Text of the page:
Roger: [00:14:58] I would say more the latter, and that’s not to depreciate Charlie at all. Charlie is also a genius, a curmudgeonly genius, where as Warren is you know a sunnier, you know optimistic, you know at times almost so optimistic about America and so on he’s almost a cheerleader. Charlie, I’ll never forget the time I first met Charlie, I was reporting you know researching the Buffett biography. I was very excited. I was writing people close to him. Most people did cooperate but some didn’t. And naturally when I sent a letter I’d wait with bated breath and Charlie said you know come out, I’ll see you at the California Club, which is where he hangs out in Los Angeles. So I flew out there and we sat down and I had a primitive personal computer laptop with me and I started to ask questions. And Charlie just starts to talk. I probably asked two questions you know in four hours and he just kept on. I just kept typing. And you’d think that there would be no limit if you’re trying to get all the dirt, not in an unclean way, but just you know the good stuff you can get on your subject. And here you’ve got the guy who in the business sense knows him best. You sit there for three days. But the human mind doesn’t work that way, after some spell of time you just can’t really take it anymore. You just got to walk around a block or something. So I remember it was about four hours had gone by and I said that Charlie, it’s been great, I think I’ve had enough for the first day. And he just stood up turned you know 90 degrees towards the door and walked out. Not a word. Not a I enjoyed it or I didn’t enjoy. It was more and I said to somebody, did I say the wrong thing? Oh no that’s just Charlie, he doesn’t waste time on salutations. In terms of your question, you know how responsible is he, I think Charlie has been you know a terrific sounding board for Warren, a) because he’s so so so smart, he’s so you know unconventional or at least unafraid of convention. There’s no censor there you know. There was one time the two of them were walking down the hallway and they had this manager who was, the company he was running wasn’t going well, and the guy came was always asking him questions should I do this should I do that he was just a big bother for them. And he was coming toward them and Charlie just blurts out “Here comes trouble.” He and his singular ability, Warren used to call him the abominable no-man, Charlie doesn’t get stars in his eyes about company CEOs they might be investing with or he doesn’t fall for you heard it all you know. If you gave me a million dollars that uses to try to con Charlie Munger I would give you money back, I just couldn’t do it. And by the way he doesn’t get conned by Warren either. A lot of people find it hard to tell Warren, you know you’re really all wet on this one. Not Charlie, and that’s invaluable. You see with a lot of politicians that they surround themselves by yes-men. And you know Warren surrounded himself by one guy that he has personally called the no-man. So I think that’s been tremendously useful that’s made, it saves him from mistakes, I think it’s made the work more fun for Warren to have this partner alter ego. They see so many things alike and they have this professional and personal partnership for four or whatever decades now. I don’t think you know many of the ideas came from Charlie. So, early in his career, Warren was still very much picking stocks the way his teacher Ben Graham picked them, which was basically looking for inexpensive securities. Holding them until they got up to their trading value, fair value. And Charlie urged Warren to go from now I’d say OK businesses with cheap prices to good businesses with reasonable prices. And one of the first ones they did this was See’s Candies. I think the figures in the book that are this, but it was something like 30, 35 million dollars, a lot of money for back then. Charlie certainly encouraged him to do that. And I think Warren would have got there anyway. In fact he already you know when he was running See’s was the mid-70s, but in the late 60s you know Warren on his own was buying American Express. A terrific business, a bump in the road. So Charlie encouraged and probably hastened Warren’s evolution to paying more than Ben Graham with a pay but I think had it not been for Charlie you know we would still be having this conversation would the stock be 270K or 240, that stuff’s hard to say, but I think it’s been a bit of a healthier, more pleasurable process for Warren. I’ve known, you know maybe you’ve known people who run businesses and they find themselves who haven’t had someone at their level to bounce things off of. And that’s a strain and they suffered for it maybe in ways that are intangible as much as tangible.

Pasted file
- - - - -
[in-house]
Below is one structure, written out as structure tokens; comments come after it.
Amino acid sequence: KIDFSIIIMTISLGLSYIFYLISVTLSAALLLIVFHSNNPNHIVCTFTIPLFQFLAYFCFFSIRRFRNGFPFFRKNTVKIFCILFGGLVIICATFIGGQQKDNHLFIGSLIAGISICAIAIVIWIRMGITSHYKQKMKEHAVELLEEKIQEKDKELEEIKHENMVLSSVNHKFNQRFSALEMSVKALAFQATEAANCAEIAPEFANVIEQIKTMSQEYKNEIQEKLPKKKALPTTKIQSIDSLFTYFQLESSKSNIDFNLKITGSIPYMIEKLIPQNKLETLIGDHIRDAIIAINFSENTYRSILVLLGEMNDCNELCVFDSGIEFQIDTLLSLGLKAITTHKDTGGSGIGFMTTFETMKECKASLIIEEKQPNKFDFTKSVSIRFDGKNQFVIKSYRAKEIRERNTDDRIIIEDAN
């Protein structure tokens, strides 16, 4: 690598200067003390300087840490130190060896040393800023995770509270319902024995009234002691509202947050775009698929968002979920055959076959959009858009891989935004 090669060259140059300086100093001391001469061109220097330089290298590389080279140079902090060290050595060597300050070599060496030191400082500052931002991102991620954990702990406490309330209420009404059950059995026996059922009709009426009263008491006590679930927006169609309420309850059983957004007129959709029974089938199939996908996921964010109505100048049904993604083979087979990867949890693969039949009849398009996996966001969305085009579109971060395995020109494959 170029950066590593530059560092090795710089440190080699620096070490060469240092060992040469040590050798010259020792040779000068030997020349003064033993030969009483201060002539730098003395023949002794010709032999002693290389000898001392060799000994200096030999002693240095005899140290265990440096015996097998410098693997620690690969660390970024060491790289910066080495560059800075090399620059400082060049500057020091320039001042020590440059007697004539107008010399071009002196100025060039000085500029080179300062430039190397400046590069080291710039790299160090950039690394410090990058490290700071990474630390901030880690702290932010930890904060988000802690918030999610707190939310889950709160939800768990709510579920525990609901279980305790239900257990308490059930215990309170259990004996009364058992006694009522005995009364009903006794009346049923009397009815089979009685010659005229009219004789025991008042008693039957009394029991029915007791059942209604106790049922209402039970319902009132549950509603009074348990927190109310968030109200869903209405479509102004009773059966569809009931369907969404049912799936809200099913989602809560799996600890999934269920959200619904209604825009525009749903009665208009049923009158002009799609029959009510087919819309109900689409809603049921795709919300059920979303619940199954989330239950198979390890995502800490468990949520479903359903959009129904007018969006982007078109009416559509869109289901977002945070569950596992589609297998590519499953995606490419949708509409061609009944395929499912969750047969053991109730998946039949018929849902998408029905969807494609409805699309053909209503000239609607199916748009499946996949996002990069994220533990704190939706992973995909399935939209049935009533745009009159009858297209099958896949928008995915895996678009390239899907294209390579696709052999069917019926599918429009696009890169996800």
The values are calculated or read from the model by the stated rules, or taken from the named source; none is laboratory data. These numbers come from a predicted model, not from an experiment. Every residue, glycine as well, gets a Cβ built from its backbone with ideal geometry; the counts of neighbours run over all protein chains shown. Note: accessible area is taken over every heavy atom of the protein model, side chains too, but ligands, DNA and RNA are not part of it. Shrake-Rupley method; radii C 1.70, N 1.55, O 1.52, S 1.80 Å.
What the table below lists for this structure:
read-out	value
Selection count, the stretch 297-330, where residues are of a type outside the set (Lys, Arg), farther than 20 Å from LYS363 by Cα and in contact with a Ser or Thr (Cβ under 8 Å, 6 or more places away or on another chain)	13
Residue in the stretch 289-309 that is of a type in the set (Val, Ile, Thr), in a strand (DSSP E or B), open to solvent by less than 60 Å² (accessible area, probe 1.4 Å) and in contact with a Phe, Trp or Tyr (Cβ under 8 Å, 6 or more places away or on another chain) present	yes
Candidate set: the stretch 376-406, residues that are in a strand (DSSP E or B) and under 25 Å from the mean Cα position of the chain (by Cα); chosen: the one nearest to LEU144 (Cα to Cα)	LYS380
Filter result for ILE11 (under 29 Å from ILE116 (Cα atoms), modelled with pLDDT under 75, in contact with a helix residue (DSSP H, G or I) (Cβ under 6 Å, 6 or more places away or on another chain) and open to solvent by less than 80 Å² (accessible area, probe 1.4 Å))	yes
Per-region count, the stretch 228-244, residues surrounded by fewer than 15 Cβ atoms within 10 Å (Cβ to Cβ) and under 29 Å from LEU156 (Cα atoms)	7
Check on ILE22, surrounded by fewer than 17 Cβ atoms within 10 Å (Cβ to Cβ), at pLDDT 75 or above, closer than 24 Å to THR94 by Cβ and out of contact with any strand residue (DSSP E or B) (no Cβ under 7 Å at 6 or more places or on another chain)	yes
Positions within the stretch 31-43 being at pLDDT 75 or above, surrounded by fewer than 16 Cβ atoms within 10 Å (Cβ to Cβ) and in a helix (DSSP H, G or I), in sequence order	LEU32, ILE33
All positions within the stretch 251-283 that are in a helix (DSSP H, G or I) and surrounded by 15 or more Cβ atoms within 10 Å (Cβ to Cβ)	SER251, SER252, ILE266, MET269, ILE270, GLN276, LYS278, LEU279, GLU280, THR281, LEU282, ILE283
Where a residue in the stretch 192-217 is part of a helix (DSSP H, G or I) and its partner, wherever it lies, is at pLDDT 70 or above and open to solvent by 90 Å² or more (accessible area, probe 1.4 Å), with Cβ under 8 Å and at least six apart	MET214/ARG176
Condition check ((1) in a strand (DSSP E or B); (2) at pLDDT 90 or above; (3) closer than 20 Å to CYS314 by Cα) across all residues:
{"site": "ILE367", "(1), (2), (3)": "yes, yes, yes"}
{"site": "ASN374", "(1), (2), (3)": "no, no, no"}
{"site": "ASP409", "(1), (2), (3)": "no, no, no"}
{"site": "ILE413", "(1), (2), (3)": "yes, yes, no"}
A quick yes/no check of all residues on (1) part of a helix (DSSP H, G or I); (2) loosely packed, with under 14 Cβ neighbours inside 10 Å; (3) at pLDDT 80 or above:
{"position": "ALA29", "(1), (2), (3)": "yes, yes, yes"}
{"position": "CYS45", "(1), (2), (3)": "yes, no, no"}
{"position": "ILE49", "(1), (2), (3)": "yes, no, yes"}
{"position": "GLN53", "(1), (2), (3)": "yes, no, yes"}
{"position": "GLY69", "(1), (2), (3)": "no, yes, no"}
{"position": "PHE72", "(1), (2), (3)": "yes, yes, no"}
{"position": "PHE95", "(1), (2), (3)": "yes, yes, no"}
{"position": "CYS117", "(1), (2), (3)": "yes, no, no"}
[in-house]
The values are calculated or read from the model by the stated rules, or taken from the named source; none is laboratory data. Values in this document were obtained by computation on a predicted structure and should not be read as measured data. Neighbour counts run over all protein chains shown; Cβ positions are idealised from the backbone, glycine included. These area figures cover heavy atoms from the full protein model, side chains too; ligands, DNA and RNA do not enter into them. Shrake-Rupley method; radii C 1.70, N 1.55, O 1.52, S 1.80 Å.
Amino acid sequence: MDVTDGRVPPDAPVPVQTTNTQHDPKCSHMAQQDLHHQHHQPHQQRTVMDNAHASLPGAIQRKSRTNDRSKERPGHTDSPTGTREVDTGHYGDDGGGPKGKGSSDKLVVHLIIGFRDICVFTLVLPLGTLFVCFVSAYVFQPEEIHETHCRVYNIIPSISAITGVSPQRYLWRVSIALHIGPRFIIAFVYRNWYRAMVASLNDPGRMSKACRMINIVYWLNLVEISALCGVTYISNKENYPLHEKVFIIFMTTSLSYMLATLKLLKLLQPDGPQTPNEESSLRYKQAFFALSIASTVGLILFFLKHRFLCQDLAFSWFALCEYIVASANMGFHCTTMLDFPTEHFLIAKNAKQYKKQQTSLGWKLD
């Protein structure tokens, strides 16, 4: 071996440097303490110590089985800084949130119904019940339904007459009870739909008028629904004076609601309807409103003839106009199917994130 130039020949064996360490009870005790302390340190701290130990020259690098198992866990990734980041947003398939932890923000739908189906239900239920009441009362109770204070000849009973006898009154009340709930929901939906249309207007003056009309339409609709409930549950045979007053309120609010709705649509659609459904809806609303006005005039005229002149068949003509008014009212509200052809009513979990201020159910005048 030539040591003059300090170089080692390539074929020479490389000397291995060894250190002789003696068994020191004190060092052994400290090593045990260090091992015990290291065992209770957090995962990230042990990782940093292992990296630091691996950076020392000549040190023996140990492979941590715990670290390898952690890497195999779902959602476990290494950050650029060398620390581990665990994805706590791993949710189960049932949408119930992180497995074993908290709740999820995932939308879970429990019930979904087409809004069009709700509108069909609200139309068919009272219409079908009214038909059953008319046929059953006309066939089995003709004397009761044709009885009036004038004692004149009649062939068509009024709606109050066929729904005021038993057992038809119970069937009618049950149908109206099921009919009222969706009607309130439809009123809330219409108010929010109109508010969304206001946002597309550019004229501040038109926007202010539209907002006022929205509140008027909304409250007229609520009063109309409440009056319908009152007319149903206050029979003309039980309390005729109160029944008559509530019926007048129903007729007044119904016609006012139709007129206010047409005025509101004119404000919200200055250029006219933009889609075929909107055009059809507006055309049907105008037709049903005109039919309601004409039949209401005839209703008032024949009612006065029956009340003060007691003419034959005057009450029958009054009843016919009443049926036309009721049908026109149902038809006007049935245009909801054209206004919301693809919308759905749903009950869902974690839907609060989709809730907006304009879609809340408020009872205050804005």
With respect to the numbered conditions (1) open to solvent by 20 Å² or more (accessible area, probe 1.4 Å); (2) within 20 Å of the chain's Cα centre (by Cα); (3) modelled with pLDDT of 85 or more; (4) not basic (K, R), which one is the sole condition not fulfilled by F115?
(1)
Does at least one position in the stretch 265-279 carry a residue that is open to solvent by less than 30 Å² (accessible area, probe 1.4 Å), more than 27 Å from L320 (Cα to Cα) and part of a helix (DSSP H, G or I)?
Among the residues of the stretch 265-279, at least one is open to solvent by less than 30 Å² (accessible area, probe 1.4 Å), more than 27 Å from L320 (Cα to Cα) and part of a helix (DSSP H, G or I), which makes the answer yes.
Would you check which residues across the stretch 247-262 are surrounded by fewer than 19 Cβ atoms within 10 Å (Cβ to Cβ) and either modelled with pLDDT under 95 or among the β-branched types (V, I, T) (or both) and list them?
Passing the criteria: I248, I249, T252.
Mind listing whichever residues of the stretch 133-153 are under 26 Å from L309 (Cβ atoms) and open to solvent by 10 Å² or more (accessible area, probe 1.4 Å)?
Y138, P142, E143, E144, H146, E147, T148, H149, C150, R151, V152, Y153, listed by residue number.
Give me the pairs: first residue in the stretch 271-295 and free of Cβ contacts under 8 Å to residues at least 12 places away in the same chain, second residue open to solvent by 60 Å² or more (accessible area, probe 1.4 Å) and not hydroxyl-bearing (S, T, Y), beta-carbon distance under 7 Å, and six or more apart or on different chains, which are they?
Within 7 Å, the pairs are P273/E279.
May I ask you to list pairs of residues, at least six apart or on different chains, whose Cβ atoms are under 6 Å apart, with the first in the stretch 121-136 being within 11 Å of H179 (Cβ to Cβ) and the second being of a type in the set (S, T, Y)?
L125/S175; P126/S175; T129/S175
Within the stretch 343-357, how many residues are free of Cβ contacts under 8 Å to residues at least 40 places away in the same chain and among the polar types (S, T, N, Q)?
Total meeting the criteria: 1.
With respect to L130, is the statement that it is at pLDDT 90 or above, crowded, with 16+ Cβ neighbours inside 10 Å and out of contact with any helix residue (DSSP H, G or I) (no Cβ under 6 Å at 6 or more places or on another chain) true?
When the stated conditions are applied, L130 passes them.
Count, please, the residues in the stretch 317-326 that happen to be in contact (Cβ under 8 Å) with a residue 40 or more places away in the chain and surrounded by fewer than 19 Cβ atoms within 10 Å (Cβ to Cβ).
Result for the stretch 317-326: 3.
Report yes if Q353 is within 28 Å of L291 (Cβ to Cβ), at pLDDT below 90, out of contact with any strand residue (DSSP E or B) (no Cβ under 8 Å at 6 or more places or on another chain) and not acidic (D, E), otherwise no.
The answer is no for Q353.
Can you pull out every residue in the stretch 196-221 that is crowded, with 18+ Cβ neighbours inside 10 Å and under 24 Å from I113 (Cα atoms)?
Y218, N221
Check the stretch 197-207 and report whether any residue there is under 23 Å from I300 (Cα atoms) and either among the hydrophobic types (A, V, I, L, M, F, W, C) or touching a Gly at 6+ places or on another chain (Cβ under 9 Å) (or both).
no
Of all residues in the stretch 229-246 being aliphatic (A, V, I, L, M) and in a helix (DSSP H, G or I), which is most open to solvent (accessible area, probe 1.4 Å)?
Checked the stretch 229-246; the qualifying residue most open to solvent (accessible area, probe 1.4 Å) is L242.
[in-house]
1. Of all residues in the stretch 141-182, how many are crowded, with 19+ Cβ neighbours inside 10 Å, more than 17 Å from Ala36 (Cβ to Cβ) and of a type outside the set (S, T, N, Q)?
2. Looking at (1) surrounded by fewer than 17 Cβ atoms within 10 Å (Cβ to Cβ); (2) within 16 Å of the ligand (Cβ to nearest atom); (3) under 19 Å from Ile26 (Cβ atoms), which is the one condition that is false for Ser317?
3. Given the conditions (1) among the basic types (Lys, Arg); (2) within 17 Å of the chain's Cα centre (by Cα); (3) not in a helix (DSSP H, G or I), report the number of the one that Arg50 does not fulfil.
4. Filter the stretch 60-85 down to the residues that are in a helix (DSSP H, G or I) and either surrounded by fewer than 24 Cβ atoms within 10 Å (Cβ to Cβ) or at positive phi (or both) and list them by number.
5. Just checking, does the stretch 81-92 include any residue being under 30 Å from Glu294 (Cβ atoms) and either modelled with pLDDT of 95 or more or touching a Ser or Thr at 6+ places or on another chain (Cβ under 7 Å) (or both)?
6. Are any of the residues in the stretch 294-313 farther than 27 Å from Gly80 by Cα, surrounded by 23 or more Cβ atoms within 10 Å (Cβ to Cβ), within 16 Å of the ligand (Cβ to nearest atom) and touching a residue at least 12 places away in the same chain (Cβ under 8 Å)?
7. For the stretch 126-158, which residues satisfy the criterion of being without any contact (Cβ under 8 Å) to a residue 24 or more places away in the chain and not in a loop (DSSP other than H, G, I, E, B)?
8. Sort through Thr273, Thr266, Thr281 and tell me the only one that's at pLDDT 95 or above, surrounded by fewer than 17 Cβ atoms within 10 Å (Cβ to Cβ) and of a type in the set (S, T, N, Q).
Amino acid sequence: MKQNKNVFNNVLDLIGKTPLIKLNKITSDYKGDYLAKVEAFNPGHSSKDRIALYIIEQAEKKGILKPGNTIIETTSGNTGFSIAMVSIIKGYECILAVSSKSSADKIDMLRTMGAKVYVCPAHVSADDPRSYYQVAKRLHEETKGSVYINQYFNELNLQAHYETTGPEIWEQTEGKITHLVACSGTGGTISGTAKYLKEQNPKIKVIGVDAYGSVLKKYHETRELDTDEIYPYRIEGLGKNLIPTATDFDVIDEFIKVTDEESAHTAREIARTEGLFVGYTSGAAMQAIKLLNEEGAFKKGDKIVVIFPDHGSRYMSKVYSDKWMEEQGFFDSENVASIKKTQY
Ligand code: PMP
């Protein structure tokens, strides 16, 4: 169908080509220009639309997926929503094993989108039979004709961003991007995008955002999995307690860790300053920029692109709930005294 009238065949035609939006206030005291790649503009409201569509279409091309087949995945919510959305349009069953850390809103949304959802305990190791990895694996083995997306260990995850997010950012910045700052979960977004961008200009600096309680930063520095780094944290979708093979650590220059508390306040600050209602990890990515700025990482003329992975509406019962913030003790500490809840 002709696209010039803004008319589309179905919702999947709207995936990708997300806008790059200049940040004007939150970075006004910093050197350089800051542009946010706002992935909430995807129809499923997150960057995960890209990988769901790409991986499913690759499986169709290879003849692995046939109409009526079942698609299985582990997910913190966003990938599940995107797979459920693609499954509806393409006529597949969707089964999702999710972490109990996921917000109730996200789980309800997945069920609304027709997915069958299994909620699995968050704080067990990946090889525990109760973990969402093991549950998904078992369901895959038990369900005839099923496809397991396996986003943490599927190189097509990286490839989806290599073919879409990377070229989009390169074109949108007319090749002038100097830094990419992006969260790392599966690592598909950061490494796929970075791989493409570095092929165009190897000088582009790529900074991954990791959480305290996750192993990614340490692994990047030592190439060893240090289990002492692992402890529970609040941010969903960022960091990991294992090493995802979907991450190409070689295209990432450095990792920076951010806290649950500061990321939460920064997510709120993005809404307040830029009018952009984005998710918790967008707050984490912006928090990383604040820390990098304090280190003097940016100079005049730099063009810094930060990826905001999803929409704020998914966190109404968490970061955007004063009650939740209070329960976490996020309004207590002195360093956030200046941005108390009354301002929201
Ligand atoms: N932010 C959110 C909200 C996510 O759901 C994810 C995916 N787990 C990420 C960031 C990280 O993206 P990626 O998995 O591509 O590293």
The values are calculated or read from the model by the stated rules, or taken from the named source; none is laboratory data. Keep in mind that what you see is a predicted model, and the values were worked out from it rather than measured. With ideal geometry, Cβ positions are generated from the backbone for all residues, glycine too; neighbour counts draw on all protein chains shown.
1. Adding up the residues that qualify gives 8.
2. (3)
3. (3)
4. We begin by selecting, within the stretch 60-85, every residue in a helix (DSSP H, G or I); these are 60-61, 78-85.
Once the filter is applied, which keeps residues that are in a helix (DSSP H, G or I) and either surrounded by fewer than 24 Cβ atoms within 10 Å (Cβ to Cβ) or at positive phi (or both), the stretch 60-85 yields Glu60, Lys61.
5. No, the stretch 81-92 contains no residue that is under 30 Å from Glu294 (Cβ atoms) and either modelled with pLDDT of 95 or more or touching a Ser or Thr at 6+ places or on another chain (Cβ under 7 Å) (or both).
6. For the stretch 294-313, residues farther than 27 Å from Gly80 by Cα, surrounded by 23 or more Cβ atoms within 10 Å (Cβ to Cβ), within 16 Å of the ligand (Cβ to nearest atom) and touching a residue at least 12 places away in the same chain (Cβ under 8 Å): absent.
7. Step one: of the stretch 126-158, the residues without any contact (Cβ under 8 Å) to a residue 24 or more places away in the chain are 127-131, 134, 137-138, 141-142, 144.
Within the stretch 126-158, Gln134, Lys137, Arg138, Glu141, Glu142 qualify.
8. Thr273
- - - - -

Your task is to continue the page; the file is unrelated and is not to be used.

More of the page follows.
Preston: [00:19:53] Roger I just want to highlight to the audience why that nugget that Charlie Munger kind of added to Buffett’s approach is so important and it really comes down to the tax implications. So when Buffett was able to buy good quality businesses at a decent price opposed to just a severely discounted price that’s a marginal business. He was able to continue to hold the pick in perpetuity as long as possible and by doing that he didn’t pay any capital gains by half sell it a few years later. He was able to just continue to let it compound a compound. And so there’s many people out there that believe that this approach has add significant value to Buffett’s ability to compound at such a high rate is because that means that the tax aspect is important.